In New Orleans Flour Inspectors v. Glover, 160 U.S. 170, 16 S.Ct. 321, 40 L. Ed. 382, the appeal was from a decree enjoining appellants from enforcing against appellees a certain statutory provision of the State of Louisiana. Pending the appeal, the statute was repealed, and the court dismissed the appeal on the authority of Mills v. Green, supra.Summary of this case from Johnson-Kennedy Radio v. Chicago Bears F. Club
Argued November 22 and submitted December 2, 1895. Decided December 9, 1895.
Mills v. Green, 159 U.S. 651, affirmed to the point that when, pending an appeal from the judgment of a lower court, and without any fault of the defendant, an event occurs which renders it impossible for the appellate court, if it should decide the case in favor of the plaintiff, to grant him any effectual relief, the court will not proceed to a formal judgment, but will dismiss the appeal.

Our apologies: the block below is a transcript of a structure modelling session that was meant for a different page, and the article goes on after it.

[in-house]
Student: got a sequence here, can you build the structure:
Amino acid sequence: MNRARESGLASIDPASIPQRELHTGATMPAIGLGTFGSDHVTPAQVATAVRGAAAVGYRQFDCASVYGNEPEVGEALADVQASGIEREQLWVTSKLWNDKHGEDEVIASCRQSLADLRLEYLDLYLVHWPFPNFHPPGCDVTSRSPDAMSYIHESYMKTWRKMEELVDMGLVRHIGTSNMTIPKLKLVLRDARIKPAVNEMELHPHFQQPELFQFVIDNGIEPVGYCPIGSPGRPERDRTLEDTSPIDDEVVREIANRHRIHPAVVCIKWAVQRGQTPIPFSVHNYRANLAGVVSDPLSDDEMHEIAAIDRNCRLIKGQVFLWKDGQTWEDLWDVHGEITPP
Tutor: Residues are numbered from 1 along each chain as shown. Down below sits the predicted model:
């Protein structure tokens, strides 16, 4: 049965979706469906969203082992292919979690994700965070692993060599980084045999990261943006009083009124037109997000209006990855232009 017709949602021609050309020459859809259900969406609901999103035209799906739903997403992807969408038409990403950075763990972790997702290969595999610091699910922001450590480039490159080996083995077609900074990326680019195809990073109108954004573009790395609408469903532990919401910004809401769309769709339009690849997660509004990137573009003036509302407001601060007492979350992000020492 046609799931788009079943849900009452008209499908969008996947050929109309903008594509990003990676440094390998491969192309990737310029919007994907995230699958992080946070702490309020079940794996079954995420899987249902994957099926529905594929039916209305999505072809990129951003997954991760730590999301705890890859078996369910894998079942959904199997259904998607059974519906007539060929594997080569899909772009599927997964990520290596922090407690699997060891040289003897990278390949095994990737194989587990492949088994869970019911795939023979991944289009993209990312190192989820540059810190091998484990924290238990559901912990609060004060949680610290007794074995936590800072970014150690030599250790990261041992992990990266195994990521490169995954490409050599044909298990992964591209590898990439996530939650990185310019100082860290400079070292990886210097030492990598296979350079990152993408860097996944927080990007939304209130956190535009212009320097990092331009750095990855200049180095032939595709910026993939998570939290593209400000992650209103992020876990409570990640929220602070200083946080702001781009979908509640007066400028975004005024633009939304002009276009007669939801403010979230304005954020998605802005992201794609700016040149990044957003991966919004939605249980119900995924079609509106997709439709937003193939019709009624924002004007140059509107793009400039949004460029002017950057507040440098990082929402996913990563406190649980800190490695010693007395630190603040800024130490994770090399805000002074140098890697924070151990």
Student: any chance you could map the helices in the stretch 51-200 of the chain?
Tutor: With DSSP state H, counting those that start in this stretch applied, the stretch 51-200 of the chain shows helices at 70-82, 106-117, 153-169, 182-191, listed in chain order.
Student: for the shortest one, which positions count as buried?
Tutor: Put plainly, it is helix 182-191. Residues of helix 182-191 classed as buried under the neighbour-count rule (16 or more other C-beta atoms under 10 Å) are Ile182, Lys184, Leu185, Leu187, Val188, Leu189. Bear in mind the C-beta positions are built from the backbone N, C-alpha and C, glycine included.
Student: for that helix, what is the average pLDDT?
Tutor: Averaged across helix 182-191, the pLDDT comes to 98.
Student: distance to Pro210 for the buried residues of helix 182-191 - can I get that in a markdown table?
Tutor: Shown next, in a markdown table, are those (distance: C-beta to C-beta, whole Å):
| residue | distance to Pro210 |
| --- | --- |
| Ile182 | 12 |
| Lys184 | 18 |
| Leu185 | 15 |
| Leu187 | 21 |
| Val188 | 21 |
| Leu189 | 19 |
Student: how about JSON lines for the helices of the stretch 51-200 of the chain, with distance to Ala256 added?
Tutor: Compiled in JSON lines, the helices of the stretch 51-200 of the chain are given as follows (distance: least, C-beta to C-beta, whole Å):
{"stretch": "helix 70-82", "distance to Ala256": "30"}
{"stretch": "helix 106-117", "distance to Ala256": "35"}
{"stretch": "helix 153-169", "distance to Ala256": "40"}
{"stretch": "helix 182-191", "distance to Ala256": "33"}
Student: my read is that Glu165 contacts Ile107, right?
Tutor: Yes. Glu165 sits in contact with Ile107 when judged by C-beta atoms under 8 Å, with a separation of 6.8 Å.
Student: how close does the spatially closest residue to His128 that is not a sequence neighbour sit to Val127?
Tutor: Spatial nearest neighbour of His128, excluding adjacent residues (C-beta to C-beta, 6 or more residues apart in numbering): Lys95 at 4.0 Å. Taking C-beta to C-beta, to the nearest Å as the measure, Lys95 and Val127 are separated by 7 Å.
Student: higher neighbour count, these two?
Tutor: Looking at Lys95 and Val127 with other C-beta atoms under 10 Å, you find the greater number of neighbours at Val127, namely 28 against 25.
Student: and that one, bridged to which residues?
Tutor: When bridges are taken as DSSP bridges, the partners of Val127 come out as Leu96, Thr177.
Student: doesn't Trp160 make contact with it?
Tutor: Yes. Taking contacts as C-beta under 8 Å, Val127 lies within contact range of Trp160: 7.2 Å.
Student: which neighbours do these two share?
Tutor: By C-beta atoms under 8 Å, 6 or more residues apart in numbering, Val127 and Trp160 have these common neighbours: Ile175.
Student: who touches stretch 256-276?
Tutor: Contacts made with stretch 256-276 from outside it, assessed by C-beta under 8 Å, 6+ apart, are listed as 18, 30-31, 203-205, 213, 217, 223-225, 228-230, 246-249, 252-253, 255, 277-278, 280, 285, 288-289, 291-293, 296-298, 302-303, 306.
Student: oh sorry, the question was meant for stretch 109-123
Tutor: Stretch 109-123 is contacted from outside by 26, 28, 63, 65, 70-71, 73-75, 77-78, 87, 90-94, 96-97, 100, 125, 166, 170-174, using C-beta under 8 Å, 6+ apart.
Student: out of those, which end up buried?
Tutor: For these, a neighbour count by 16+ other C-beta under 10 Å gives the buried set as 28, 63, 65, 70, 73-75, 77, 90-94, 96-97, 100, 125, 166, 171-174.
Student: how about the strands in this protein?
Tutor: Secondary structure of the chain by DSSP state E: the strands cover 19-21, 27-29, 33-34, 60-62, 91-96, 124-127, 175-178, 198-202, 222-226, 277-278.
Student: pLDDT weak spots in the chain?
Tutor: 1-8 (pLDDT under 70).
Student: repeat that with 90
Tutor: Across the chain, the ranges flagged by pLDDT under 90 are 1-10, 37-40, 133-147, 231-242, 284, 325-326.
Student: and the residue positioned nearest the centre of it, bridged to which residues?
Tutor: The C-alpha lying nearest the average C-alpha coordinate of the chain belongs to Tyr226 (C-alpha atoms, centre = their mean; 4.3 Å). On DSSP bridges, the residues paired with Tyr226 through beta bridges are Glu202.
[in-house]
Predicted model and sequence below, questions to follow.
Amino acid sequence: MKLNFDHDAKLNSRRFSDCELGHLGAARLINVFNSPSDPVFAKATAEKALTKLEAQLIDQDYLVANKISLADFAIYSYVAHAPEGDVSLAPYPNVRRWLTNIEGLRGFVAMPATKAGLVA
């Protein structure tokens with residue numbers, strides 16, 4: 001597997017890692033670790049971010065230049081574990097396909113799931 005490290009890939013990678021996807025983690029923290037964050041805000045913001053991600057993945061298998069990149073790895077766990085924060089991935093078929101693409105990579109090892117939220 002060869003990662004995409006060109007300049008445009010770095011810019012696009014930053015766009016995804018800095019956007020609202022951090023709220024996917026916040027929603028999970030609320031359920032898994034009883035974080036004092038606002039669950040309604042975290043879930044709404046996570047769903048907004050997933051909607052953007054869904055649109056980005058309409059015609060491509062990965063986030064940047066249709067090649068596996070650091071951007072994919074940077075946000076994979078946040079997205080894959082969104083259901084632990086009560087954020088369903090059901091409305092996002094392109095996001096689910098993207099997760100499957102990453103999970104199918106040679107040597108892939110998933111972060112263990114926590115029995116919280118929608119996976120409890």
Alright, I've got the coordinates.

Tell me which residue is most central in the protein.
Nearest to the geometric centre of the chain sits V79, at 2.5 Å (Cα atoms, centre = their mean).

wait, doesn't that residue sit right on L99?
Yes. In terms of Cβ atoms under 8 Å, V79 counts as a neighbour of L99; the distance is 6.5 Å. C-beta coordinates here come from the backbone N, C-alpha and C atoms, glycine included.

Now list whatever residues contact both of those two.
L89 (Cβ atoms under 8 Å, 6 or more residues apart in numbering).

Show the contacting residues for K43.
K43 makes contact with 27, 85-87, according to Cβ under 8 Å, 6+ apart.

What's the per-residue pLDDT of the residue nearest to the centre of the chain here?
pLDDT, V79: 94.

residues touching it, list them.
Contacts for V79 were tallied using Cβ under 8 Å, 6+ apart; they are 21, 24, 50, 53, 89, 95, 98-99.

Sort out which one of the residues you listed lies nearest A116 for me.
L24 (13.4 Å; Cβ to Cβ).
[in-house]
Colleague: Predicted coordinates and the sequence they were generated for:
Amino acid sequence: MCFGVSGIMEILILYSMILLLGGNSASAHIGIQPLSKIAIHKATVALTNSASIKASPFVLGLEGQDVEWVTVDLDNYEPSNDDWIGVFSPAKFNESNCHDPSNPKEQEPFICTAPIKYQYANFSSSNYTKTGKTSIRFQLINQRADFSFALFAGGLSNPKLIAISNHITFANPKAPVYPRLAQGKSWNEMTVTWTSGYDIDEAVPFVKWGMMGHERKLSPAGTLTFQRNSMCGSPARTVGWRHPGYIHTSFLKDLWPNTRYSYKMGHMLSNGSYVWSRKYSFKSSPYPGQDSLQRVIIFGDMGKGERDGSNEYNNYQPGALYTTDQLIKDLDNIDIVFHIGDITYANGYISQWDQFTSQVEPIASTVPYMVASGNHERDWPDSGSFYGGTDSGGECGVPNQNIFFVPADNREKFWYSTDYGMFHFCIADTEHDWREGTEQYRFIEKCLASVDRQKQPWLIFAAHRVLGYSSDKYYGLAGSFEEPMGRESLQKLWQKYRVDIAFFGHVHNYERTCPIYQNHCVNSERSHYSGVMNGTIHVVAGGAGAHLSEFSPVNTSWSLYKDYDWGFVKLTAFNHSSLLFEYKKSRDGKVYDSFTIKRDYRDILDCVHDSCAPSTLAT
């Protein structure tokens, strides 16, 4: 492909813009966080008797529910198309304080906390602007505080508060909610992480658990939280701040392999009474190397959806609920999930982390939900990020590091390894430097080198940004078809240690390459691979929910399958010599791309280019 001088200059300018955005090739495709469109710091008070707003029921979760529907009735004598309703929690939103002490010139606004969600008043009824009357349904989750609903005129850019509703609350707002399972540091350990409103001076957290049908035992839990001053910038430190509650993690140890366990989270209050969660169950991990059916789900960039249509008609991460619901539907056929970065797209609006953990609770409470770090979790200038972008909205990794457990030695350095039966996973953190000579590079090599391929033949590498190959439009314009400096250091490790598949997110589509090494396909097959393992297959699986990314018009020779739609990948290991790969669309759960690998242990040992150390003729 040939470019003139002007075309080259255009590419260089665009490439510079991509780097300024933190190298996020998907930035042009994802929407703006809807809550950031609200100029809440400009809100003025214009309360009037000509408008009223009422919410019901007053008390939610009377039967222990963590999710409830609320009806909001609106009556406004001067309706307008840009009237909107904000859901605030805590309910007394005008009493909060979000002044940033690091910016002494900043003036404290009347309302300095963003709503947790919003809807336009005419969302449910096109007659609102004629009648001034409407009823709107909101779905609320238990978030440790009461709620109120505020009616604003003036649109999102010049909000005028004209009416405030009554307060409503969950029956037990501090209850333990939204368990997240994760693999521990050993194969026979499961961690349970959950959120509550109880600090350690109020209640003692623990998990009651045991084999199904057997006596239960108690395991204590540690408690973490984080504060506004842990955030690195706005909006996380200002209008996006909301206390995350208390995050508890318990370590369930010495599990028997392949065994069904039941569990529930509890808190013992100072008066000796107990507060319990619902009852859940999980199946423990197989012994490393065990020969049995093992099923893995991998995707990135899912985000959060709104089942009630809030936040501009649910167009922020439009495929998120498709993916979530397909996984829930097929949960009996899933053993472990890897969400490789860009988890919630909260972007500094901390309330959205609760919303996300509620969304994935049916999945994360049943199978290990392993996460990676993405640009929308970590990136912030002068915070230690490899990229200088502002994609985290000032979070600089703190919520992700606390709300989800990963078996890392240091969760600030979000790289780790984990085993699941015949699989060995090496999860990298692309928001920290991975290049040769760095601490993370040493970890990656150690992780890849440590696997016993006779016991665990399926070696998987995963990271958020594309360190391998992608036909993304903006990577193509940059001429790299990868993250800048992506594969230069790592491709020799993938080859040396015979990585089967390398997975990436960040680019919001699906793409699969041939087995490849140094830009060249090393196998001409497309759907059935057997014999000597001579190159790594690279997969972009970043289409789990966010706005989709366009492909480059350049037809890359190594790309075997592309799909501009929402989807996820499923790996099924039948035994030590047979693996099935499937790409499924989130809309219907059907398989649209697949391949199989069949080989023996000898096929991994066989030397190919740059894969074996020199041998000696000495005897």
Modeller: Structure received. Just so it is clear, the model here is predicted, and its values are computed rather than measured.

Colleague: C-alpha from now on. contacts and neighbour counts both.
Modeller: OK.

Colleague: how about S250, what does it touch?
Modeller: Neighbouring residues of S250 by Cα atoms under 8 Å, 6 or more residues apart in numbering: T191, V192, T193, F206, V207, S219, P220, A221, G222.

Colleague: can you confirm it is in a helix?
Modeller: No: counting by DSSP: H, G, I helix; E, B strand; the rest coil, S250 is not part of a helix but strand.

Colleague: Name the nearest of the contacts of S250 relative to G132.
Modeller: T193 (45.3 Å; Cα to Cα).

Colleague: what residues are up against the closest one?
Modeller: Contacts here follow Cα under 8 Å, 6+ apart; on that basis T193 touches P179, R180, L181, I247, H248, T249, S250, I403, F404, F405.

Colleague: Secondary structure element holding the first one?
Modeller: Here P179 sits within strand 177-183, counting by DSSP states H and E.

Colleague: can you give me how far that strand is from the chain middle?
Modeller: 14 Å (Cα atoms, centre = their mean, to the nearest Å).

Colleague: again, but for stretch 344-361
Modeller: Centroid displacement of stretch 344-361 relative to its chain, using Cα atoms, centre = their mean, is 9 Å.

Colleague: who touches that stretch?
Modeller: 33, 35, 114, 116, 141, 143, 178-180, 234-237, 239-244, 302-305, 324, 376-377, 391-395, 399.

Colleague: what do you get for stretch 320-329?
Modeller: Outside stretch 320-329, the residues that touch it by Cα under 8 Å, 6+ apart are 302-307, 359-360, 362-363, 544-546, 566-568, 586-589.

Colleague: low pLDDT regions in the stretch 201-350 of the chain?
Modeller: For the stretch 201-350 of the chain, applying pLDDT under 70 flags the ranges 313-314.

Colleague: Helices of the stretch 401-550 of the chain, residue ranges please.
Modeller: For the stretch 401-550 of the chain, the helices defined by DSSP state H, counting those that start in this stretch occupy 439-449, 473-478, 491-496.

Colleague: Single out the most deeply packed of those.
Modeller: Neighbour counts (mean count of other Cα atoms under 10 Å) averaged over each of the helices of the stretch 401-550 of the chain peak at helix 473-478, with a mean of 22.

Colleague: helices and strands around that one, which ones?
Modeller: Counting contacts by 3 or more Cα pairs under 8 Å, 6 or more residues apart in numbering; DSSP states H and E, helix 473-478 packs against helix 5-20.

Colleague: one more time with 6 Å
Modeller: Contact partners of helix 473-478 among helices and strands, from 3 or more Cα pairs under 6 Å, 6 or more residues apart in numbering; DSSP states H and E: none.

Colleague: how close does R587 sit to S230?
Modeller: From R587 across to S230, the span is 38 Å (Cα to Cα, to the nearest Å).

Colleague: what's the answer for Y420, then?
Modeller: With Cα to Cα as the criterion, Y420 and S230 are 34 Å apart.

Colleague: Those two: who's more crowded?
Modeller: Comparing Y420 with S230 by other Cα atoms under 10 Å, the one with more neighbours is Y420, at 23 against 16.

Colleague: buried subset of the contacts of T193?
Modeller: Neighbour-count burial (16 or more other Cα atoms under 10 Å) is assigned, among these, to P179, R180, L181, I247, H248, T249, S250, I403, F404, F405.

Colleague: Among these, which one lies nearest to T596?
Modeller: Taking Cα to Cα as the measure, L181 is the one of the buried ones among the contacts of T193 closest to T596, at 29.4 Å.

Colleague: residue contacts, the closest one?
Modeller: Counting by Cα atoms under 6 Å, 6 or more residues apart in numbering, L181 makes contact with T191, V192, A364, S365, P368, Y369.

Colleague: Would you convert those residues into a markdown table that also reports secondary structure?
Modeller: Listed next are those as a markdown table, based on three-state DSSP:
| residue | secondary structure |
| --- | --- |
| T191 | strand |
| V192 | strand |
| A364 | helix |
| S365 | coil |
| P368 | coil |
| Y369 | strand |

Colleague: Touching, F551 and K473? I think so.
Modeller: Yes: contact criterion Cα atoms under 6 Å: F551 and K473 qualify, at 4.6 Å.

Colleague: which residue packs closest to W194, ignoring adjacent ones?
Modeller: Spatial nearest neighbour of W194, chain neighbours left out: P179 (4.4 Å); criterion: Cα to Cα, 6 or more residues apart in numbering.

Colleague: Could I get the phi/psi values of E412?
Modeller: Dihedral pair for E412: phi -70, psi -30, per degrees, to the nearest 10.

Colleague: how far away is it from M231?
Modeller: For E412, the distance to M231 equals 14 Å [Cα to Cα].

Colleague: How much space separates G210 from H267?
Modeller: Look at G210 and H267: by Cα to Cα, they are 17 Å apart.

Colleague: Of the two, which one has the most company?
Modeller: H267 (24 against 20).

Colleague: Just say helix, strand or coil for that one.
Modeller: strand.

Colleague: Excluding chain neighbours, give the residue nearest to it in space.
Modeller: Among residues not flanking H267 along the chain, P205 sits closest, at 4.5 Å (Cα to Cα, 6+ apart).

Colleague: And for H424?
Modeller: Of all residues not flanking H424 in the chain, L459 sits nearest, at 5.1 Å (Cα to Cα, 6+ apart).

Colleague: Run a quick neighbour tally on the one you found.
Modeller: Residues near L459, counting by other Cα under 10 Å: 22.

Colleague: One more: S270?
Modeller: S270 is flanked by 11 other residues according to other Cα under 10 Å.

Mr. J.R. Beckwith argued for appellant on the 22d day of November, 1895. At the close of his argument the court adjourned until the 2d day of December following. Mr. William Wirt Howe on that day presented himself to argue for appellees, but the court declined to hear further argument in the case.
THE case is sufficiently stated in the short opinion of the court.
The decree below enjoined appellants from enforcing against appellees act No. 71 of the extra session of the general assembly of Louisiana of 1870, (Session Laws La. Ex. Sess. 1870, 156). This act was repealed June 28, 1892, (No. 23 of 1892, Acts La. 1892, 34,) and the appeal is dismissed on the authority of Mills v. Green, 159 U.S. 651.